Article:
The most important and promising development for Armenia throughout the 2015 year, probably, was the launch of negotiations over the new Armenia-EU agreement on December 7th last year. The negotiations continued during the entire 2016, and surely, everyone is interested to learn what was achieved and done so far and what still lies ahead. Perhaps the most informed person and official who may be asked about these questions, is the EU Chief negotiator who conducts the negotiations with Armenia.
Currently that official is Mr. Luc Devigne, who assumed the office of the Deputy Managing Director for Europe/Central Asia and the position of Director for Russia, Eastern Partnership, Central Asia and OSCE at European External Action Service earlier in April this year. Still in the past Mr. Devigne has already negotiated with Armenia the DCFTA part of the Association Agreement, while the political parts were the responsibility of the EU Chief negotiator, who then was Mr. Gunnar Wiegand.
Thus Mr. Devigne combines now both missions – he has negotiated with Armenia the trade sections and now he negotiates the political issues, and we are utmost thankful to him for granting this interview to Hraparak daily.
- Mr. Devigne, thank you very much for the possibility of this interview. And just the questions that interests everyone - how would you assess the ongoing negotiations upon the Armenia-EU new agreement? I was told in an interview in early 2016 that the parties expected some 8 rounds of negotiations to be held during the year. Now only the 6th round is mentioned for December, so are we behind the schedule? Or it’s not about the quantity of rounds, but the content of negotiated issues - then where do we stand in the sense of content, are there some agreement sections already done and what basically lies ahead?
- The negotiations are well on track. At the end of October, we have had a fruitful 6th round of negotiations on the political parts of the agreement and concluded the 4th round related to its trade parts. Parallel negotiations on the cooperation in various other sectors are also progressing well via video-conferences, the latest being held on 23rd October and related to the anti-fraud cooperation. We put quality ahead of speed and, without venturing into mentioning a concrete date for their conclusion, I would say that we are rather close to this goal.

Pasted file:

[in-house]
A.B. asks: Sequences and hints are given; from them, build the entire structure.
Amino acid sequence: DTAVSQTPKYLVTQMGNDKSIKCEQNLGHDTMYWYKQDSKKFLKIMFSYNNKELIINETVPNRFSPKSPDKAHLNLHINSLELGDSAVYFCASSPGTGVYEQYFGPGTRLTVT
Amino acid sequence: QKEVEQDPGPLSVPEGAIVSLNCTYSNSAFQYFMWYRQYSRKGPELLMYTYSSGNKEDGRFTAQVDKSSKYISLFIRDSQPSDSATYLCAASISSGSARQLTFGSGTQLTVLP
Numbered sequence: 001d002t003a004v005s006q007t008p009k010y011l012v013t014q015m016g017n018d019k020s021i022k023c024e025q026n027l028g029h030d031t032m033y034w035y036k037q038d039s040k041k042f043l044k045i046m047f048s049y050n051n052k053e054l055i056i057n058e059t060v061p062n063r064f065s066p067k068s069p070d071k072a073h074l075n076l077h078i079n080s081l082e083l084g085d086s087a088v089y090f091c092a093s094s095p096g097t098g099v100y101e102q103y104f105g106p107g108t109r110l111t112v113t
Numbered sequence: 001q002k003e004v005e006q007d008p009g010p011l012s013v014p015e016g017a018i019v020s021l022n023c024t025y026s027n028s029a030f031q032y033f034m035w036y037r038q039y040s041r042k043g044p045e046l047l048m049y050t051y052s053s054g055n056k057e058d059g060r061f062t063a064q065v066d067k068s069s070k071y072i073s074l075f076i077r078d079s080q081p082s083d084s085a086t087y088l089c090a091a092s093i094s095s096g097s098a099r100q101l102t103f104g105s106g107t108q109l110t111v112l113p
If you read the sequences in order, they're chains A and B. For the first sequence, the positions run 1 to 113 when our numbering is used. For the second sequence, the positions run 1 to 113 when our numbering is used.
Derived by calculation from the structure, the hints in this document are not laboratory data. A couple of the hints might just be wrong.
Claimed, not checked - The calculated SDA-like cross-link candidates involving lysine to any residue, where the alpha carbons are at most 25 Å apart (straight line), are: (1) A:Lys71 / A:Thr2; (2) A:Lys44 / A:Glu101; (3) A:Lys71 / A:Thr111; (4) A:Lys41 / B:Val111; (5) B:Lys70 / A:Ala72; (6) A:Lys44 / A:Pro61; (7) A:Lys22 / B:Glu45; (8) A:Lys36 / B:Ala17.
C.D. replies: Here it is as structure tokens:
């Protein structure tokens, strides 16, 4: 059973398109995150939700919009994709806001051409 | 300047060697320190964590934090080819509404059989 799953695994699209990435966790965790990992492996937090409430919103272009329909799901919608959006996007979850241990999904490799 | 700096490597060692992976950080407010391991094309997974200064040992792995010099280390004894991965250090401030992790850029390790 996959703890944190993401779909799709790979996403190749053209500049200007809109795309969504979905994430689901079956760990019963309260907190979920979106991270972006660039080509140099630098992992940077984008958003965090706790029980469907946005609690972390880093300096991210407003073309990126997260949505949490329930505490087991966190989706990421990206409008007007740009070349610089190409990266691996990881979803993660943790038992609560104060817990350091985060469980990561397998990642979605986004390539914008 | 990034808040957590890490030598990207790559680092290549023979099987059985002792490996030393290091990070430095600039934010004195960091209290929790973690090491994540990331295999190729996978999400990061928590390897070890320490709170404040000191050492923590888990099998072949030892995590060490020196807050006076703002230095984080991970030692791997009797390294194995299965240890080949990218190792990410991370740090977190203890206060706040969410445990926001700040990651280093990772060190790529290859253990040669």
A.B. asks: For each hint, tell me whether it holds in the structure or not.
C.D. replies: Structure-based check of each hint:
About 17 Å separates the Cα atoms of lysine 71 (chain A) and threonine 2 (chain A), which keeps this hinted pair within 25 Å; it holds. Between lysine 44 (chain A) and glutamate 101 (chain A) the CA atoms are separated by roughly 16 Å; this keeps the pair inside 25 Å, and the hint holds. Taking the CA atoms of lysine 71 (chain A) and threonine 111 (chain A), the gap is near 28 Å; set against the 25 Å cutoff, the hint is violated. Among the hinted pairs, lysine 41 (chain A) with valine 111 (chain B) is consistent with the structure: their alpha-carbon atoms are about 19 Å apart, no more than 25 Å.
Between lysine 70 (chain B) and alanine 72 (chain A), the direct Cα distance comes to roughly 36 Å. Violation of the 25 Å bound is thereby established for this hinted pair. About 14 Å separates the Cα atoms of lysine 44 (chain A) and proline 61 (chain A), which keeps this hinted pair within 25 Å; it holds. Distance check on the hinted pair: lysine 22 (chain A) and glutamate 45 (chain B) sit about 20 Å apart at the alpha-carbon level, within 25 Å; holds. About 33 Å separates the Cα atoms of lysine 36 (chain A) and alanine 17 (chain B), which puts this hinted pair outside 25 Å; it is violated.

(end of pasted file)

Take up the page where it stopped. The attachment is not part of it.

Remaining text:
- Are there kind of political problems in those negotiations? Why am I asking this - because back in June kind of controversy became public between the EU Delegation and Armenian MFA. Ambassador Switalsky told there are some problems (including of political nature) in those negotiations, and the Armenian side denied it. To my knowledge one of the political problems was the wish of the Armenian side to mention somehow its commitments before the Eurasian economic union in the new EU-Armenia agreement. Is that issue dropped out now?
- I would not refer to problems but rather to sometimes divergent positions on various issues, a fact which is natural in negotiations. We do not have any problem with the membership of Armenia of EEU. Of course, this deprives Armenia of concluding a trade agreement with preferences independently of the EEU, as is the case in all customs unions. However, we made it clear from the very beginning that it is for Armenia to take into account its new obligations arising out of its accession to the EEU; this is an assessment to be made primarily by the Armenian negotiators. The obligations of the parties must be known at the moment of concluding the agreement.
- As surely you know the Armenia will hold parliamentary elections in April, and further new government will be formed. Just in term of time is it likely that the new post-election Armenian government will conclude the negotiations with EU and sign the agreement accordingly?
- In negotiations you may know exactly when you start but cannot predict 100 % the date of their conclusion and the signature of the agreement. It very much depends on the Armenian government's will to finalise the negotiations. The agreement can be initialled quickly after the end of the negotiations.
- Sir, turning to the larger issues on European continent, how do you assess the probability and expedience of putting new sanctions on Russia in response to its savage behavior and mass bombardments in Aleppo? Nonetheless the Russia tries every way to play down the effect of already imposed sanctions for Crimea and Ukraine and there are even EU voices telling the sanctions didn’t impact much the Kremlin foreign policy, still doesn’t the rhetoric and the anger of Russian FM Lavrov against the new sanctions largely indicate the opposite?
- The EU had no choice but to impose restrictive measures in response to the illegal annexation of Crimea and Sevastopol and to Russia's actions in destabilising eastern Ukraine. To be noted however, that unlike Russia's multiple embargoes on EU or other trading partners' products, the EU has not prohibited any Russian product, except arms and related material, to be imported in the EU. Separately, the EU has imposed restrictive measures in view of the situation in Syria. With regard to Russia's role in Syria, both the Conclusions of the Foreign Affairs Council on 17 June and of the European Council on 20-21 October were clear: should the current atrocities continue, the EU is considering all available options. Any decision to impose, amend, lift or prolong the restrictive measures is a decision for the Council to take.
- Thank you very much, Sir.